quinta-feira, 20 de outubro de 2011

The Man with the Hat (English version)

This is the English version of The Man with The Hat. Since I wrote this, still in London, many of my English speaker friends have asked about the story, especially because they heard the original tale (in which I'm a character as well, of course :p). So, after asking my cousin Iona for some help reviewing everything, I finally managed to translate the text to English. My special thanks to her, and my best wishes for her birthday, which happened this Wednesday (and I was so busy I didn't have time to send her a message x_x), which means that this story is here in commemoration for her birthday! :) Happy birthday to you, cousin! Please forgive me for being such a forgetful person and thank you very much for all the help! Well, I'll let you read it now... Hope you like it!

All quotes are from Alice's Adventures in Wonderland and Through the Looking-Glass (Lewis Carroll).
To read the Portuguese version of this story, click here: Versão em Português.

Catching the train during the morning was always a battle against sleep. When you added a night spent awake in front of the computer, the situation would get absolutely unbearable. But she always had hated sleeping on trains or any other means of public transport and, on that morning, the rule still counted as a testament to her strong will.

That didn't stop, of course, her body of reacting in the opposite way, and it was in one of the many moments in which her eyes snapped opened after a short nap that she saw him.
He was in the other carriage, the one ahead of hers, two glass doors and her own reflection away. Standing in spite of all the empty seats around him, he was leaning on a chair and reading the newspaper like someone who, despite doing it every day, still could put some interest in the act
But there was something... Strange about it.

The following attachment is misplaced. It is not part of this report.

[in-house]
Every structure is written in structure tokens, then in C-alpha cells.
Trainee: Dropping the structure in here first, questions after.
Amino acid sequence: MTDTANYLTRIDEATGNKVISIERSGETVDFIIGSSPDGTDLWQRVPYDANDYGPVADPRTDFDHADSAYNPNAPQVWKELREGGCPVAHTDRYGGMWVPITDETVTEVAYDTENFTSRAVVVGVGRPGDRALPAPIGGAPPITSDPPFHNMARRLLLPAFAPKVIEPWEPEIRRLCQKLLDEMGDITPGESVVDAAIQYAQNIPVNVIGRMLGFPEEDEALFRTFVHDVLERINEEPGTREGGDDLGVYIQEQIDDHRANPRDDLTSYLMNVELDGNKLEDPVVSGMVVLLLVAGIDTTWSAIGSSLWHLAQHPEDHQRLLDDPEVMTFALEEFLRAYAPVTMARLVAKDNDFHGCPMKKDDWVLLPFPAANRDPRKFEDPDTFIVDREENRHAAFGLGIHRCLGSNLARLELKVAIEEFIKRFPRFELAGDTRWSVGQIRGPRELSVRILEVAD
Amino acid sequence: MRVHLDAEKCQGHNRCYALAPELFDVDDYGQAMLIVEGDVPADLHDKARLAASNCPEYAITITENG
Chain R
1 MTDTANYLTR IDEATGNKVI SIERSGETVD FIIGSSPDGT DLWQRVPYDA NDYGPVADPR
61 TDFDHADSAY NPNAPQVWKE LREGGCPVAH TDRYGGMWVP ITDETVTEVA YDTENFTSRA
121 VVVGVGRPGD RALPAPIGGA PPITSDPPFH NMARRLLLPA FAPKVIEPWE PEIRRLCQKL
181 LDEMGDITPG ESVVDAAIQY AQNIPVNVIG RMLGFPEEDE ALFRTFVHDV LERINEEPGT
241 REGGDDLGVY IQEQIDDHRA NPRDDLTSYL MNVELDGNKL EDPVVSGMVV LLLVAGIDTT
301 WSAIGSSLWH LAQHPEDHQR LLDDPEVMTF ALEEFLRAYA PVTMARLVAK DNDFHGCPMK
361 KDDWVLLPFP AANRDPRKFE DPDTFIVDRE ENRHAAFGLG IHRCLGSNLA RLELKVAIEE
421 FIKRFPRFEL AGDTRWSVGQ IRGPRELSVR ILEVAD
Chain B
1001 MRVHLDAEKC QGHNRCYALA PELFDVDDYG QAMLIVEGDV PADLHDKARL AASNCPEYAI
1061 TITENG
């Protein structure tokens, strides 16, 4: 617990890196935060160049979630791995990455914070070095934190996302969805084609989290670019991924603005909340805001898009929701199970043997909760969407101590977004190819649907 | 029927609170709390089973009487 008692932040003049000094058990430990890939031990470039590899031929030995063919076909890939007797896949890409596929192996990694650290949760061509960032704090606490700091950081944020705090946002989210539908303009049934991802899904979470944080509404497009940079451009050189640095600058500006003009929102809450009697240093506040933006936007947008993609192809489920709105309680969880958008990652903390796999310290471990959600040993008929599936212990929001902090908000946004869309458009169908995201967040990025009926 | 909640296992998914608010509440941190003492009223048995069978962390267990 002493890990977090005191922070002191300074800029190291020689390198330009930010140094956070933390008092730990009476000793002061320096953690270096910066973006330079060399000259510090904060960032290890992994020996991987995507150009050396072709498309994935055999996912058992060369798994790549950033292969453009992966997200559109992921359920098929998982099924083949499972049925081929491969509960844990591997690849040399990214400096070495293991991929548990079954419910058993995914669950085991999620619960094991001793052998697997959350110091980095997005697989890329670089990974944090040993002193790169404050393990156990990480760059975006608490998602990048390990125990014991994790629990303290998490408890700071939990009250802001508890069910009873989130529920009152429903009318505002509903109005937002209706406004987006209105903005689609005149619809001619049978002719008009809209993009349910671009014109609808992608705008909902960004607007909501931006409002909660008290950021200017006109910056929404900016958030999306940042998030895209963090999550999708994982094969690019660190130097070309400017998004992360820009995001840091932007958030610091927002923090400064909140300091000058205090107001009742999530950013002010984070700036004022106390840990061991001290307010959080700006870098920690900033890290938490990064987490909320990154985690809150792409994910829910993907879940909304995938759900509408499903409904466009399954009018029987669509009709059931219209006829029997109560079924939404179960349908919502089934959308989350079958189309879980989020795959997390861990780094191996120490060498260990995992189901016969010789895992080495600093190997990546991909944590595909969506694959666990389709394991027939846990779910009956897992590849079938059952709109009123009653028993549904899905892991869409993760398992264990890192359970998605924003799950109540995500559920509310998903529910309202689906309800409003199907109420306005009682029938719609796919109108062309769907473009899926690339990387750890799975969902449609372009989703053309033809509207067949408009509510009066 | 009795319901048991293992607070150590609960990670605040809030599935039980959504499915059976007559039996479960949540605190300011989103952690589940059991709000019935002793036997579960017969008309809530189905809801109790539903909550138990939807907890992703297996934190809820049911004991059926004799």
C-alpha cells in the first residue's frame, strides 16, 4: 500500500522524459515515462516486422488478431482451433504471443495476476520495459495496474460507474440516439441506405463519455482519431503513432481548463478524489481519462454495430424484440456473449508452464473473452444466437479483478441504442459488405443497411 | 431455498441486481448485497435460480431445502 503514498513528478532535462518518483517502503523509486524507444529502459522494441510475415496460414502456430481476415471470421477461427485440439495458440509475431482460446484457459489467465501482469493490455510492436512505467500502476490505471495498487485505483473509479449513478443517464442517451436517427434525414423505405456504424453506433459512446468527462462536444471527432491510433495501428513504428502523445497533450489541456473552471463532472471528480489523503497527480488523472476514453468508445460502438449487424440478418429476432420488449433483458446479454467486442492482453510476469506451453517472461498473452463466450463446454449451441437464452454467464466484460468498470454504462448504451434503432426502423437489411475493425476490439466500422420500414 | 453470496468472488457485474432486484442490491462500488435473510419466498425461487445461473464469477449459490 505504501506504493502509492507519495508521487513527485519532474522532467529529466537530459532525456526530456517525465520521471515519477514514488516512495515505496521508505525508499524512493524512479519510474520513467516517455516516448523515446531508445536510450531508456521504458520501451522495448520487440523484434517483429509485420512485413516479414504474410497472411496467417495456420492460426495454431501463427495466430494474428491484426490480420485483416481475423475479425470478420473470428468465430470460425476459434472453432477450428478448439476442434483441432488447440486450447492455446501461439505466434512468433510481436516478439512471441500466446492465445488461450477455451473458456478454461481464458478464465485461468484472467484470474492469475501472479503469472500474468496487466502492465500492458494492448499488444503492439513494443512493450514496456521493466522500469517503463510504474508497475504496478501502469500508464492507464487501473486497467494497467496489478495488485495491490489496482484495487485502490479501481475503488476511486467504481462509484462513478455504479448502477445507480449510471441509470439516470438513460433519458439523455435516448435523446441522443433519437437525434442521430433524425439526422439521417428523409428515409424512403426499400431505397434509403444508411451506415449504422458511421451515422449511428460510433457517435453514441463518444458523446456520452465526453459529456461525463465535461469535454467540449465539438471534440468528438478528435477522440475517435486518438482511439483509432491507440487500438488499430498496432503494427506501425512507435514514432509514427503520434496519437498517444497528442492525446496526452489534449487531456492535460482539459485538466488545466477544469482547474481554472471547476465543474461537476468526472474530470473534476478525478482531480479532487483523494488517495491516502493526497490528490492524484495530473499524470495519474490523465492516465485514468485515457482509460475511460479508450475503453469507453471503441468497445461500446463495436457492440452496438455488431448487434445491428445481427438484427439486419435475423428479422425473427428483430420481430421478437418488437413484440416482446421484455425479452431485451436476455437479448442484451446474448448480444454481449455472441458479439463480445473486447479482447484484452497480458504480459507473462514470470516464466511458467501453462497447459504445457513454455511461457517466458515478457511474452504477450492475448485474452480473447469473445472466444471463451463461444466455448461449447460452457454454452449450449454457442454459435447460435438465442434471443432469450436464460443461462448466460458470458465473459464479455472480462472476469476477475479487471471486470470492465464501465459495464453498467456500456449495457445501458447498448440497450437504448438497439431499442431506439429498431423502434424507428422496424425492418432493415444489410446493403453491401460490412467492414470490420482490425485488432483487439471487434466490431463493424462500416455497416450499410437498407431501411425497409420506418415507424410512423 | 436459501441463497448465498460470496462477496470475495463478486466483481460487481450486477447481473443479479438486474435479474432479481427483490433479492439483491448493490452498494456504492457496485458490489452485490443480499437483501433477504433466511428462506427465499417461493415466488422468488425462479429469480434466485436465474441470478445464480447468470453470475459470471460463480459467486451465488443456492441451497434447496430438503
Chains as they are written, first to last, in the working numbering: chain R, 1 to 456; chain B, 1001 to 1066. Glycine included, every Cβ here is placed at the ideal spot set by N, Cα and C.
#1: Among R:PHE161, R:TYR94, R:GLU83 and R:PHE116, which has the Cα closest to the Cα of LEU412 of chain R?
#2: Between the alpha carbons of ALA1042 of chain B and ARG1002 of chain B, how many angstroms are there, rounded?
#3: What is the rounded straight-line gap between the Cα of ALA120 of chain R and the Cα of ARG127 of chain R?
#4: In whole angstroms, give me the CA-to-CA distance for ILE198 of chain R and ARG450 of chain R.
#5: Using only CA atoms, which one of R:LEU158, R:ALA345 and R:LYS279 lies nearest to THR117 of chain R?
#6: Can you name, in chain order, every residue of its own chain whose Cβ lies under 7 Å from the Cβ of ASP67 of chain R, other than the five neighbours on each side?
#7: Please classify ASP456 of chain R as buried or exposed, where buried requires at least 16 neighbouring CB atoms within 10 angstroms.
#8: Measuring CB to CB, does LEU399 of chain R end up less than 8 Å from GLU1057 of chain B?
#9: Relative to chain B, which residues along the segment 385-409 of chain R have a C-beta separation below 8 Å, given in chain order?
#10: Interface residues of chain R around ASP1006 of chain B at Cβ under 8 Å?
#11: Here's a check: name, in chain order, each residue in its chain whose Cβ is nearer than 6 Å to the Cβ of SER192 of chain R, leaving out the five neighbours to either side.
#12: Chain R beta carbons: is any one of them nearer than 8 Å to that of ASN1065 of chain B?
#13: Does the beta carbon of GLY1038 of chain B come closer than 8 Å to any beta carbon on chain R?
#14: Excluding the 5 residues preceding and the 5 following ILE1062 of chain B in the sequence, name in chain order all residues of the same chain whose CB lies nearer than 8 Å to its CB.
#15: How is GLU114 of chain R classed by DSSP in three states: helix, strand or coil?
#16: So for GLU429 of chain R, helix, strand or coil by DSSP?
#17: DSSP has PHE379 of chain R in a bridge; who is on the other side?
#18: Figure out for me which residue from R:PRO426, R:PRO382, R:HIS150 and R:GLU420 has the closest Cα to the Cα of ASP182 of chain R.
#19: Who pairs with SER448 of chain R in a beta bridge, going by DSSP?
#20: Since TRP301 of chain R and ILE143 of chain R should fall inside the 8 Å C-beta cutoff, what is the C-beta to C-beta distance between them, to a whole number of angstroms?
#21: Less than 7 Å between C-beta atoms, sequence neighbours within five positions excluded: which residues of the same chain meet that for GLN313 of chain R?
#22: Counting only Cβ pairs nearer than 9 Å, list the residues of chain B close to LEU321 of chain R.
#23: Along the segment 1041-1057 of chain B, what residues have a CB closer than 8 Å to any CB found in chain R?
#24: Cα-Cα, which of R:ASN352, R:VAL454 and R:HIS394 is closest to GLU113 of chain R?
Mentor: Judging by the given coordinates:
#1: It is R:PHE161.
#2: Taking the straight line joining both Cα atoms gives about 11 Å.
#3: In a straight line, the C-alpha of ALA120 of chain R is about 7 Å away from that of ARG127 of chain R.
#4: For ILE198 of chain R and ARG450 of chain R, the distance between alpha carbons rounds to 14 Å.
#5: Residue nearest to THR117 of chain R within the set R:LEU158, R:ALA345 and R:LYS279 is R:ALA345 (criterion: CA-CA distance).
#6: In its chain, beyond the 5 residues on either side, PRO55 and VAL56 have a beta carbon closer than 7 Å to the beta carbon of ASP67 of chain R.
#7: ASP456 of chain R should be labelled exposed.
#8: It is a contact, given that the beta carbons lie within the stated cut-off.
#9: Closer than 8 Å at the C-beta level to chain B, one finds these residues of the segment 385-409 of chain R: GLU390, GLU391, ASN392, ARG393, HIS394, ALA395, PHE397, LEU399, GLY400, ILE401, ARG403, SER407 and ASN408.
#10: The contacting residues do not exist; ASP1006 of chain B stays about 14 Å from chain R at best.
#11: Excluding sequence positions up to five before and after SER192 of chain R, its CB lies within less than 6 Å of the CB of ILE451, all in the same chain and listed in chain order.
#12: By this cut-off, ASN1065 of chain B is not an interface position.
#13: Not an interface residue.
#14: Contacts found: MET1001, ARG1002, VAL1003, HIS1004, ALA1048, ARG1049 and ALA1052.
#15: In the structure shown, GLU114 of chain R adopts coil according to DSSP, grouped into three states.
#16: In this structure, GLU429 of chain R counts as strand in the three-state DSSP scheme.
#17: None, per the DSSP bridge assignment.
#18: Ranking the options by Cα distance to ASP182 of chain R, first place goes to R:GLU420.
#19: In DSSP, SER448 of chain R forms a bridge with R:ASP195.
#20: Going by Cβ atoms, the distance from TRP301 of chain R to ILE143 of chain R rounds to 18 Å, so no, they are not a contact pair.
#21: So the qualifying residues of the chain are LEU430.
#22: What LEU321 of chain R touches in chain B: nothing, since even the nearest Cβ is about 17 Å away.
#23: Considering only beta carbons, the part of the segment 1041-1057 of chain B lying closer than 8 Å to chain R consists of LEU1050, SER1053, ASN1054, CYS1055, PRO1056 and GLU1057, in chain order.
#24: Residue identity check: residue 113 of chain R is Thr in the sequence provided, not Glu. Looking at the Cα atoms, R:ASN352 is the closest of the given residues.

‘What Day of the month is it?’ (p.88)

Blinking in confusion, she still wondered for a moment where had that thought come from. It was a guy reading the paper. What was wrong about it? What could possibly be unusual about that?
But, disobediently, her eyes remained on that spot even when the movement of the train, for a few seconds, made him disappear from sight. She waited until both carriages were aligned again and then, without any apparent reason, she tried again to see him behind the reflections, from the light and the glass itself, and the people around him. And she tried to observe every possible detail on his person.
“Twinkle, twinkle, little bat!
How I Wonder what you’re at!” (p. 91)
There he was. A black long coat covering his body and he wore leather gloves of the same colour on both hands, it was possible to see them against the newspaper. A red scarf draped itself around his neck in a very elegant fashion. Short beard on the face and curly hair - dark brown, maybe? - falling around the base of the neck here and there. But of his face, she could see nothing else.
Because he wore a hat.
‘The Dormouse is asleep again.’ (p.90)

There was nothing special about this item - it was also black -, and nothing peculiar about the way he wore it. The flaps had been placed in such a carefully careless way that managed to curiously hide most of his face.